The COVID-19 crisis has impacted nearly everyone across the globe, and the Jewish community is no exception. With so many unanswered questions about when we can return to normal life (and if that’s even possible) both within and outside of our Jewish communities, it’s easy for so many of us to feel scared, alone, and even angry.
Those of us who are Jews of Color – comprising approximately 12 percent of the U.S. Jewish community – feel a particular sense of isolation and anxiety.
“As a Black person, I am really worried,” says Jordan Berg Powers, director of Boston-based, statewide coalition Mass Alliance. He developed asthma after being chronically exposed to toxic air, and despite being a vegetarian for 26 years, he deals with high blood pressure, which studies show can be caused by genetics and the effects of systemic racism.
Because every trip to the doctor is a battle to get the same level of care that his wife, who is white, receives, Berg Powers is understandably worried that COVID-19 will kill him. In fact, according to state and local data by the Associated Press, Black Americans thus far constitute nearly one-third of all COVID-19 deaths in the U.S.
“This virus has perfectly illustrated how racist, misogynist, and classist this country is; the ways in which we enact inequality without thinking is endangering and killing people,” he says. “Black and Brown folks are told to homeschool our kids, but if you’re a cashier, a bus driver, or a line cook, who looks after your kids?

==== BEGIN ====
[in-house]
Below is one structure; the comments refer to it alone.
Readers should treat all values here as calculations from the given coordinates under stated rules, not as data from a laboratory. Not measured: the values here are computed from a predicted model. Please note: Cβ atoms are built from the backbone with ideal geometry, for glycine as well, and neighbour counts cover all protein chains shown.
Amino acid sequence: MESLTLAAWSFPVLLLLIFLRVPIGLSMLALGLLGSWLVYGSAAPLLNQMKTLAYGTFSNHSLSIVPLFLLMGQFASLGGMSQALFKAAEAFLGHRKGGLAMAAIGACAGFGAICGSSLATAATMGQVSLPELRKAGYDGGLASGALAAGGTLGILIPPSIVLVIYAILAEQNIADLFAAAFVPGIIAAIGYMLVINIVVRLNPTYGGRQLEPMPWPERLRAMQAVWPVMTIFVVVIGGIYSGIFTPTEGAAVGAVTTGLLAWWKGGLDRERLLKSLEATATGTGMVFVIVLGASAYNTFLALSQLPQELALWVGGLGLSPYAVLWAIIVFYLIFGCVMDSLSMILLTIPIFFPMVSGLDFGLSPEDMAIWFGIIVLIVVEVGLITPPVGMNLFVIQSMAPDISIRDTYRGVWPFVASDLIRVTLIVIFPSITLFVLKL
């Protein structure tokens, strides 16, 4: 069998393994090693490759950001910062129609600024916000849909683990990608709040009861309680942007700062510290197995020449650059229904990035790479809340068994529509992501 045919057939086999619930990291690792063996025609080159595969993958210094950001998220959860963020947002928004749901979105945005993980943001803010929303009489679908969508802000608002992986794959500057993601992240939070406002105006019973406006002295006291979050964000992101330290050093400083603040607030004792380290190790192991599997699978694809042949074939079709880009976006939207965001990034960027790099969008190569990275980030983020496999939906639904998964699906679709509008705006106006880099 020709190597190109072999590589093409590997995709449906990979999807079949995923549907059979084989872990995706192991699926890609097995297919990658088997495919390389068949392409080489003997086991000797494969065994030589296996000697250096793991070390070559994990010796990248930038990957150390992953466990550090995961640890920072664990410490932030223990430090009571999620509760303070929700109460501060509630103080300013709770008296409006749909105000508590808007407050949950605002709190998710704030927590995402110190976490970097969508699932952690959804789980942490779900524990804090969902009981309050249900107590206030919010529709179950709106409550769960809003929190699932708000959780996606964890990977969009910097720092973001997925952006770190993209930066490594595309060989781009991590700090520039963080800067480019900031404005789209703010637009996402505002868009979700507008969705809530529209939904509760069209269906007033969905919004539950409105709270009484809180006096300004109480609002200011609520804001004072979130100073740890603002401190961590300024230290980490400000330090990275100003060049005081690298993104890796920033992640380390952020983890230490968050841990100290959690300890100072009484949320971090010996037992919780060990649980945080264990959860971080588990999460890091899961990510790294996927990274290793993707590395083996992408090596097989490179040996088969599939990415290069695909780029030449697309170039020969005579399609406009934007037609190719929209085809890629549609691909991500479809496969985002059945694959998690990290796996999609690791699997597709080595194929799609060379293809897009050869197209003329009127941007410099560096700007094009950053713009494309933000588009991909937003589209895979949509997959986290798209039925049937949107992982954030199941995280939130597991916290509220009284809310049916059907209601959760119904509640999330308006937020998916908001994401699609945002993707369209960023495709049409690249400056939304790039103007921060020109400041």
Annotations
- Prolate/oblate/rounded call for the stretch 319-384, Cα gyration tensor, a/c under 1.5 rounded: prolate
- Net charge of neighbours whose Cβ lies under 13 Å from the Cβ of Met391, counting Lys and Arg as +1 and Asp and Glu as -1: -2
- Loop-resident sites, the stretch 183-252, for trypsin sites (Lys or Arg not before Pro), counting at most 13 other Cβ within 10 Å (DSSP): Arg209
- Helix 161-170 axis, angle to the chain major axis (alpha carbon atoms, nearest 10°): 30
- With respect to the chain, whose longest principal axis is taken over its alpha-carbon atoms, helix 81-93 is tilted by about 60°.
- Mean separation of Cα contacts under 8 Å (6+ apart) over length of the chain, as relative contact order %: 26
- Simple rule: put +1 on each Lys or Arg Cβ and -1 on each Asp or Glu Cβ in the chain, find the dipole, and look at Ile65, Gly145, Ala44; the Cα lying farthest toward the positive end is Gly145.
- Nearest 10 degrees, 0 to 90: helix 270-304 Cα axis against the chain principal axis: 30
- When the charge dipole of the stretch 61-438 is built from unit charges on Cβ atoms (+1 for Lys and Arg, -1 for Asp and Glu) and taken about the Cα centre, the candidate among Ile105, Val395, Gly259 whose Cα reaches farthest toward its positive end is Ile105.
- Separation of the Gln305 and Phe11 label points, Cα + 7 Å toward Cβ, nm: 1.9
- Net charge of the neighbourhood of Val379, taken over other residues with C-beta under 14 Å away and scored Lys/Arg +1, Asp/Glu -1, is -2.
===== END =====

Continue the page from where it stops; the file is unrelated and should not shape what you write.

“Do you endanger your parents by asking them? Do you ask your childcare provider to illegally open up, endangering them or you? Do you leave them at home and hope the 10-year-old can manage the 6-year-old?”
The feeling of social disconnection can also feel heightened for Jews of Color, in particular.
Anjelica Ruiz, a Latina-Filipina Jew and director of libraries and archives at Temple Emanu-El in Dallas, TX, says that while she is proud of everything Reform congregations are doing to support one another, she and other Jews of Color are often left out of the equation.
“In my experience, many of us do not live in the ‘Jewish’ areas of our town or city,” she says. “I’ve heard heartwarming stories about people dropping offor other goods at each other’s homes, but that has not been the case for me since I live further south than everyone else.”
“It’s such a small thing, but in a time where so many of us are physically separated from the rest of the Jewish community, it hurts,” says Ruiz, whose mother is an essential worker. “I know it’s unintentional, but not being taken into consideration just further complicates the relationships we have with the communities we love so much.”
The pandemic has also been the catalyst for acts of racism directed toward people of Color by individuals who harbor the incorrect and racist belief that people of Asian descent are responsible for the spread of the disease. According to the Anti-Defamation League, there have been at least 90 reported instances of anti-Asian harassment in the U.S. since January 2020.